Agriculture AMPed Up Transportation

Agribusiness: What the Highway-Funding Quandary Means for Arkansas Agriculture

February/March 2016 Issue


There was some grumbling in 2008 when Arkansas voters approved Amendment 86. Although the constitutional amendment that authorized a fiscal legislative session in even-numbered years passed with 69 percent of the vote, Gov. Mike Beebe thought the ballot language had misled voters, and some legislators wanted to initiate another ballot issue to repeal the fiscal session.

And now? No big deal, although a few people are still miffed the 2016 session was moved to April to accommodate the early primary.

“The fiscal sessions that they’ve had so far have been pretty lean, pretty short, and from what we understand they’re going to attempt to make this one the same way,” said Jeff Pitchford, Arkansas Farm Bureau director of public policy for state affairs.

Added state Rep. David Hillman, D-Almyra, the vice chair of the House Committee on Agriculture, Forestry and Economic Development, “Most of our budget work was done during the regular session, and basically what we’re going to be doing this time is just rubber stamping what we have already decided to do.”

What has Hillman concerned is what will happen next year and beyond. The veteran farm leader told AMP in the 2017 regular session, “We’re going to have to make some decisions at that time about what state services we want to cut… or is there a way with growth in the tax base we won’t have to make any, and we can continue the same services that we’ve had in the past from the state?”

Hillman said he will take a stand on continuing to allow growth in K-12 education funding based on revenue increases; he also plans to fight to maintain spending on programs important to rural Arkansas.

Pitchford said Farm Bureau hopes to work some additional money into the fiscal session for the University of Arkansas Division of Agriculture. Last year, the Legislature approved a one-time infusion of $3 million for the division from the General Improvement Fund, and Pitchford said while that will help this year, “We’re going to continue to push and to ask the governor and Legislature to look at an increase in base funding. Our members rely on those extension programs and extension agents in each county, and they’ve had a hard time keeping those positions filled because of turnover and lack of increases for salaries.”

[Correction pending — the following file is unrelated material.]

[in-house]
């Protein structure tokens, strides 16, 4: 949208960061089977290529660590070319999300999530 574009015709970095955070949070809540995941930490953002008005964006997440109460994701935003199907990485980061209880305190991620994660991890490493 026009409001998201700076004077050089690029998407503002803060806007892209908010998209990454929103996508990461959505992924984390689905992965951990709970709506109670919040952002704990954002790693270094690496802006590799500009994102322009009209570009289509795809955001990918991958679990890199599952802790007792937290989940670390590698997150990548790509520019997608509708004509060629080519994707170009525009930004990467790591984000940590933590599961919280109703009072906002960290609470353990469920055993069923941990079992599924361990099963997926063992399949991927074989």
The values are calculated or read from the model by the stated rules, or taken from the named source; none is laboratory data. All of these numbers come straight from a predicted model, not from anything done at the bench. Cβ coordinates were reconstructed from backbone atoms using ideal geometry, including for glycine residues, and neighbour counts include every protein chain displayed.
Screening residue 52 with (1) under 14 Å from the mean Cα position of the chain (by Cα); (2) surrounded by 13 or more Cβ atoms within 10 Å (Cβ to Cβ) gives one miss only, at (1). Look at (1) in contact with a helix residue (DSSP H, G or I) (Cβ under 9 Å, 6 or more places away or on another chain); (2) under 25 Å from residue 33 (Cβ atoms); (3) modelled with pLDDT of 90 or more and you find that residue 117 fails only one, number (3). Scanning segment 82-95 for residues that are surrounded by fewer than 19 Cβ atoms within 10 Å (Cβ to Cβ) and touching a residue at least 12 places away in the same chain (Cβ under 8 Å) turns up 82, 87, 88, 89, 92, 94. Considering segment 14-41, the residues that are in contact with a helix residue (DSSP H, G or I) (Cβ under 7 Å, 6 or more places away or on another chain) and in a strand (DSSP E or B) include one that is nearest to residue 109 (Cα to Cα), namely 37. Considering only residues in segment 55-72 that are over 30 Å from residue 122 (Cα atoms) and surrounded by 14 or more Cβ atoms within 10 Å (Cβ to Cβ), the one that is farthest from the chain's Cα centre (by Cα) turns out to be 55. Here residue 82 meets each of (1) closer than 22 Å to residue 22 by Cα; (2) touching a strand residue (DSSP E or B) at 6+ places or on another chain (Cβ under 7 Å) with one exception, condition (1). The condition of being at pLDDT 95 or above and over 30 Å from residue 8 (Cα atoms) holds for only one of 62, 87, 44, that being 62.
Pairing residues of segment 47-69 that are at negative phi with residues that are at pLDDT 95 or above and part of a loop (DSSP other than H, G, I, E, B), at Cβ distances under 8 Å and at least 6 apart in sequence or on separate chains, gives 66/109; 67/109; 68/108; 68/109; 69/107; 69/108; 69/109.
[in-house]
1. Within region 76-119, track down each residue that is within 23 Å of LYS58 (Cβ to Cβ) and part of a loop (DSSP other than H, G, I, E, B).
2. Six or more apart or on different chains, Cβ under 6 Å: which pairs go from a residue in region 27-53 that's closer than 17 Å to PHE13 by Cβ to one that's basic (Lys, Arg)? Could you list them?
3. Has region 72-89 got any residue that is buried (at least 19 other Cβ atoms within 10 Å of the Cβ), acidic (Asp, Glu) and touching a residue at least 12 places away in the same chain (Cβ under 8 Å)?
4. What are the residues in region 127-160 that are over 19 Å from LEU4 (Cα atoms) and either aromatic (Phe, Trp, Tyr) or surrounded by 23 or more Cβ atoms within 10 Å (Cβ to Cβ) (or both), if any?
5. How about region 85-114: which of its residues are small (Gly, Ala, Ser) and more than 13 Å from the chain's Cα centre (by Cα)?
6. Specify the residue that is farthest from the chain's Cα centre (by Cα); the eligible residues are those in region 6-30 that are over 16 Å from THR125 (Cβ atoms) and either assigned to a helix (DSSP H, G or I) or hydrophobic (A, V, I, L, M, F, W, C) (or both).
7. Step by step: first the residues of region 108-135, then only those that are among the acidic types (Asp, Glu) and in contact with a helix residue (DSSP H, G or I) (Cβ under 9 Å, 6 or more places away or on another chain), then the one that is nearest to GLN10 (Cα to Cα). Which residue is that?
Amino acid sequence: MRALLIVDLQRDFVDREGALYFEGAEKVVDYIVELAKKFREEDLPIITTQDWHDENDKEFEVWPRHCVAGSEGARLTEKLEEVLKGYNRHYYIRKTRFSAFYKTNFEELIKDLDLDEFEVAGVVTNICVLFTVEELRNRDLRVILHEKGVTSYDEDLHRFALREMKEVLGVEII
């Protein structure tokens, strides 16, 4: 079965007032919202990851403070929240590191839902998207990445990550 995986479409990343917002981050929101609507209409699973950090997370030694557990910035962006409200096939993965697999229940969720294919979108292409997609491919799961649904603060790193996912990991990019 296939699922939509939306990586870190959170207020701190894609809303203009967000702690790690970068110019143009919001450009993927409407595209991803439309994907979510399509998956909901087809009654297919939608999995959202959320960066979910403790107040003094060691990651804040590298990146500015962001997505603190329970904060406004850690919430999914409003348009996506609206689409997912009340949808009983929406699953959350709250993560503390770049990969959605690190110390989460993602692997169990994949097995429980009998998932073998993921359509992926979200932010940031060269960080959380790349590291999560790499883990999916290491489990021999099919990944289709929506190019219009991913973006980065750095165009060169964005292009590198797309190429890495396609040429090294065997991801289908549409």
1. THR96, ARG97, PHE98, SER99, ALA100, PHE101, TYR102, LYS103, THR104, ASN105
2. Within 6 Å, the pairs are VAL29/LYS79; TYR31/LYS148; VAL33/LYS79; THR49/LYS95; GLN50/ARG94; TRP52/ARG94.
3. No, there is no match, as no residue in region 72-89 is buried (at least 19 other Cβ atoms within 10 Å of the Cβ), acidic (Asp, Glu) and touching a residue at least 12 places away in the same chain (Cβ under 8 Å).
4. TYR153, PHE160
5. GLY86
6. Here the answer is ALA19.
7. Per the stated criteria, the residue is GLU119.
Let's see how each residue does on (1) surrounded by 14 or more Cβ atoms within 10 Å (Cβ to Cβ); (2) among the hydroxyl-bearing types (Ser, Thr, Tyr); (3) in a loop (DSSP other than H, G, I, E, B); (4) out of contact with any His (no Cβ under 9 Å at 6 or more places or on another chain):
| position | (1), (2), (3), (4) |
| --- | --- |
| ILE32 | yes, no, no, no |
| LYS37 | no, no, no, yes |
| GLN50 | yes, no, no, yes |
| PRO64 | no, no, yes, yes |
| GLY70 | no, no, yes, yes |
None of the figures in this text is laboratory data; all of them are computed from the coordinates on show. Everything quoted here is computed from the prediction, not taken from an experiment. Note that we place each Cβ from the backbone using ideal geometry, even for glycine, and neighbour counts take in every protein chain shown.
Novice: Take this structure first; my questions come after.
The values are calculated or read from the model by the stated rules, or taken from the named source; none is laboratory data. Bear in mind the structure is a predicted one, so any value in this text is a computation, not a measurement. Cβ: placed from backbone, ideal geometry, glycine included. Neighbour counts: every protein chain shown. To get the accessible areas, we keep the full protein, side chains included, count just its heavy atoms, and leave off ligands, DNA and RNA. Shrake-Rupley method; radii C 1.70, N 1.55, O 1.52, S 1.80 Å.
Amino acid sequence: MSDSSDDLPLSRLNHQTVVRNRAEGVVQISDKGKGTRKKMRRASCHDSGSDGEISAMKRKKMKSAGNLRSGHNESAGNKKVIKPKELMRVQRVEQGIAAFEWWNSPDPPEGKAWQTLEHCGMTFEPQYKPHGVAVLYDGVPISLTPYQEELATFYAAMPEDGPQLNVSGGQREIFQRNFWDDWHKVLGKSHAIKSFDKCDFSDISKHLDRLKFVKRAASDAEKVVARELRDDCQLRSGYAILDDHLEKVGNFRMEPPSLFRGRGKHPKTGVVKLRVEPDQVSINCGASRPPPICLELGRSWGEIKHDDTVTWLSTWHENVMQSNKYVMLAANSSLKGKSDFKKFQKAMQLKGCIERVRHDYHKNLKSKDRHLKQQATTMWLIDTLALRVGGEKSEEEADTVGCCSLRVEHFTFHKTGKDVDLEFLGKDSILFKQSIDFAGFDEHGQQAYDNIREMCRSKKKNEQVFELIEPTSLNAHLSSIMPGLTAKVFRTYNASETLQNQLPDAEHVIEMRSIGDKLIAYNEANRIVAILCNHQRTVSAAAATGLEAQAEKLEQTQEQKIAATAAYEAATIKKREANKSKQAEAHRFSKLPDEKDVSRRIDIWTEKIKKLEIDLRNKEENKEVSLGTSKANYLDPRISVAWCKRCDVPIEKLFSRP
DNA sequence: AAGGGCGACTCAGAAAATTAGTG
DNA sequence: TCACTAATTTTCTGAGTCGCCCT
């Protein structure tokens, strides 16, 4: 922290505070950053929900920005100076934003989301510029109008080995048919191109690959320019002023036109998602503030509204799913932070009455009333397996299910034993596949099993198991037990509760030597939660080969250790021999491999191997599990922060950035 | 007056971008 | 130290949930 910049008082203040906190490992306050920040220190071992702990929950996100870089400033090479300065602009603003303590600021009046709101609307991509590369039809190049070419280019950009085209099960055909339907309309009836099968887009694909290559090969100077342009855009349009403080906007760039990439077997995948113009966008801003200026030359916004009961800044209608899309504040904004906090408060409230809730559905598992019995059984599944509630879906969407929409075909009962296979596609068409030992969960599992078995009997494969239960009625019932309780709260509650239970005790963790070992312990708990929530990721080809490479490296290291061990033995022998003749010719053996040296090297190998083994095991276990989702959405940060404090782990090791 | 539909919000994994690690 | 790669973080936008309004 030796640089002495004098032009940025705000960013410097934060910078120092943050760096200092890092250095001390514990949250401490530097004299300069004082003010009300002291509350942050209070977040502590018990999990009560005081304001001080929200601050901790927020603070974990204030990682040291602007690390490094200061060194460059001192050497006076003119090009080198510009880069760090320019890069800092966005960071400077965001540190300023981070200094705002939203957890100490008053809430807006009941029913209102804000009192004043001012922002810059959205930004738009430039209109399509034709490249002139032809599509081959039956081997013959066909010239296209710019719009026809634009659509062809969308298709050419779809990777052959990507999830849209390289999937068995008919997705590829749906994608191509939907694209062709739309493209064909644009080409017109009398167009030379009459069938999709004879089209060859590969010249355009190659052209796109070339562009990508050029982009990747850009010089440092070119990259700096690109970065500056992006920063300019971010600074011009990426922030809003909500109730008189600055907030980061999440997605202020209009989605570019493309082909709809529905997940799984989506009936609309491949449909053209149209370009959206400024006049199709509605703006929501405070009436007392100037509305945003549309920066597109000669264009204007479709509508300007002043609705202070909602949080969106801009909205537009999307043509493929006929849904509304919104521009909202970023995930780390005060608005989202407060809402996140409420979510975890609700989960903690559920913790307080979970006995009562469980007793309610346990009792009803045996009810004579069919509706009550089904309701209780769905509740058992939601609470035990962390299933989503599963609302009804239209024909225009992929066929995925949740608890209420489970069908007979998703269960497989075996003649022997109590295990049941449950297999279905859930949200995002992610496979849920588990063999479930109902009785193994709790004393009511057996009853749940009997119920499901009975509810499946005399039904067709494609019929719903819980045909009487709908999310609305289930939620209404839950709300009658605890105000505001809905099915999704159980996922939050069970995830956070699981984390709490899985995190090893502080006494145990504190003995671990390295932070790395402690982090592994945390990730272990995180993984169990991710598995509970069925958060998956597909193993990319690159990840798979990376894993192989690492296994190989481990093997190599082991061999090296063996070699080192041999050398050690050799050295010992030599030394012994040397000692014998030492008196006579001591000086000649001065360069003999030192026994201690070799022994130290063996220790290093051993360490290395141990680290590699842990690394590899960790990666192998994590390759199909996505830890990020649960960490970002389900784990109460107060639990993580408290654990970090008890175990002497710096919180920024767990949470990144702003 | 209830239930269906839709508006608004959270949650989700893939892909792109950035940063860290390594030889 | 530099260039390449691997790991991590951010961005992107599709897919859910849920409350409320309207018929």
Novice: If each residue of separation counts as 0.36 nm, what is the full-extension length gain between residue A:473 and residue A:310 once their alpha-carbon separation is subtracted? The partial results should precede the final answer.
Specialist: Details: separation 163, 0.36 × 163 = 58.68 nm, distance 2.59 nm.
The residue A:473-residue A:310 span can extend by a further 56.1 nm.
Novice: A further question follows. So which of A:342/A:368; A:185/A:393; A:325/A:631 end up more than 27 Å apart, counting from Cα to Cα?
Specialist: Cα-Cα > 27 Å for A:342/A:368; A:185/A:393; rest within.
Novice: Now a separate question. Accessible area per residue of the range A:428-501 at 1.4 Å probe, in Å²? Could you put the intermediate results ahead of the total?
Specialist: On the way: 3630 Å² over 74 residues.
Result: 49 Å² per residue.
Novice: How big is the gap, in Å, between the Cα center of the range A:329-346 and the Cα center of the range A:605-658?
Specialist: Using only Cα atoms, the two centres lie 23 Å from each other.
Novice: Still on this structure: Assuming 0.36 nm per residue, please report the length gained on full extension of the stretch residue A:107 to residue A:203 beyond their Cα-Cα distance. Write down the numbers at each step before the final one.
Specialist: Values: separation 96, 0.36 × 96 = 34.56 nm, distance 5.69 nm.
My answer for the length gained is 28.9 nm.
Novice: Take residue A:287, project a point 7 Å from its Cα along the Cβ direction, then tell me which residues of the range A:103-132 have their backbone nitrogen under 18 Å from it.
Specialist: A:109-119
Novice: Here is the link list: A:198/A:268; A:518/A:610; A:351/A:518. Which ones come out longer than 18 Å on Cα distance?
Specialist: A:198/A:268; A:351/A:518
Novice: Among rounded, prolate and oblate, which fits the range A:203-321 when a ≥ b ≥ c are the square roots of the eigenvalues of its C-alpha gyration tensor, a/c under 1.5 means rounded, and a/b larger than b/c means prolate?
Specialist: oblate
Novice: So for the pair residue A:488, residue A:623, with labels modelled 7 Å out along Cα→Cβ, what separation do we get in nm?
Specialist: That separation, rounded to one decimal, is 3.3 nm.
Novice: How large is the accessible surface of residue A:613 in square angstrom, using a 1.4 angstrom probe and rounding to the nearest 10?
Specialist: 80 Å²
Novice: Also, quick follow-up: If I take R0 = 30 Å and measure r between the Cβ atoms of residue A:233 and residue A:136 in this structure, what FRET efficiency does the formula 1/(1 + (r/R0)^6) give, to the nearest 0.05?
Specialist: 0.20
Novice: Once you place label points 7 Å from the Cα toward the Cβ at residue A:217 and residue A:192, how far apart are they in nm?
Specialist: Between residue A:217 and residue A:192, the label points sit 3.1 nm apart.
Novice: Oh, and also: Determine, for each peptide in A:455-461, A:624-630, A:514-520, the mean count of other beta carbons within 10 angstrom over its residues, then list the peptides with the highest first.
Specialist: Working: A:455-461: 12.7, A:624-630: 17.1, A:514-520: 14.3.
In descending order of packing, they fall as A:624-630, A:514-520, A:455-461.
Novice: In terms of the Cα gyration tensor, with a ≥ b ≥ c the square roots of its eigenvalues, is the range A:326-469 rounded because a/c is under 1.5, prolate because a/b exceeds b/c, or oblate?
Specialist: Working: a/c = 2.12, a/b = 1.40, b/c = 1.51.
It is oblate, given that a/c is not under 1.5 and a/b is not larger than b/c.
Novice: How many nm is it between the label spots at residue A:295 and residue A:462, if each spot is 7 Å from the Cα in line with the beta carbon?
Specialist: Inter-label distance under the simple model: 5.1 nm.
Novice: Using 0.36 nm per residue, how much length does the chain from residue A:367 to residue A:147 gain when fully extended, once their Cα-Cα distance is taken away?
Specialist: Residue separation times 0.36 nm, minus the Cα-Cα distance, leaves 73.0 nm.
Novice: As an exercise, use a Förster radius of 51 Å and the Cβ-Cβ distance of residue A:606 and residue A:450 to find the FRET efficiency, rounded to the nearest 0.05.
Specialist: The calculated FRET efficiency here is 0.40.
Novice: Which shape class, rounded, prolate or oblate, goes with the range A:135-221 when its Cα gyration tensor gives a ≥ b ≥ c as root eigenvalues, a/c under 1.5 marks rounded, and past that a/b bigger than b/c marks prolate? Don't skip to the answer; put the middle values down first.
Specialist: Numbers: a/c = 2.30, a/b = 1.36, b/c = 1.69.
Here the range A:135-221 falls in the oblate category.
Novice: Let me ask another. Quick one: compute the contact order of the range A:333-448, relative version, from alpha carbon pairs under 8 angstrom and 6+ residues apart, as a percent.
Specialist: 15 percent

While the fiscal sessions have become routine, the Arkansas General Assembly finds itself swimming in special sessions. Last year, a special session was convened to move the primary and judicial elections, and to approve a bond issue to help the Lockheed Martin facility in Camden. This year, there will likely be more than one additional session. A legislative task force has suggested changes that would maintain but reduce the cost of the private option for health care; lawmakers are also expected to tackle prison reform.

But for the farm community, the big issue will likely be highway funding. In December, the Governor’s Working Group on Highway Funding called for developing “a strategy to net $110 million in additional revenue annually to the Highway Department over the next one to three years,” rising to $160 million when federal obligations and shares distributed to cities and counties are taken into account. While the working group is still looking for a long-term source for those funds, it came up with several possible immediate steps, including higher fuel taxes and a transfer of vehicle tax money out of general revenues.

“We’re very much in favor of an aggressive highway program because of the farm-to-market roads. In Arkansas there are thousands of those types of roads across the state, and they’re things that our members are very much interested in,” Pitchford told AMP.

Although Farm Bureau has expressed support for sources of highway revenue in the past, like the 2012 bond issue that earmarked an increase in the sales tax for highway improvement, Pitchford said they’ll wait to see what the Legislature and Gov. Asa Hutchinson have to say before offering a recommendation. (The governor has said he plans to call special legislative sessions to cover highway funding and the private option, but had not announced any specifics as of press time.)

Pitchford’s colleague at Farm Bureau, Director of Public Relations Rob Anderson, said, “We have several options that we prefer for how that could be paid for, but we’re not pushing a tax; that’s just one of the options that we would support.”

Hillman has a novel suggestion — a gas tax that’s price-based, rather than volume-based.

“That way, as the price goes up, the revenue would go up,” he explains. “What we’ve got now is decreasing revenue and increasing expenses on roads, so we’re going to have to do something about that.”

He opposes using general revenues for transportation, though that’s what Hutchinson has proposed, saying, “I’ve always felt that the people who use roads and benefit from them ought to be the ones to pay for it.”

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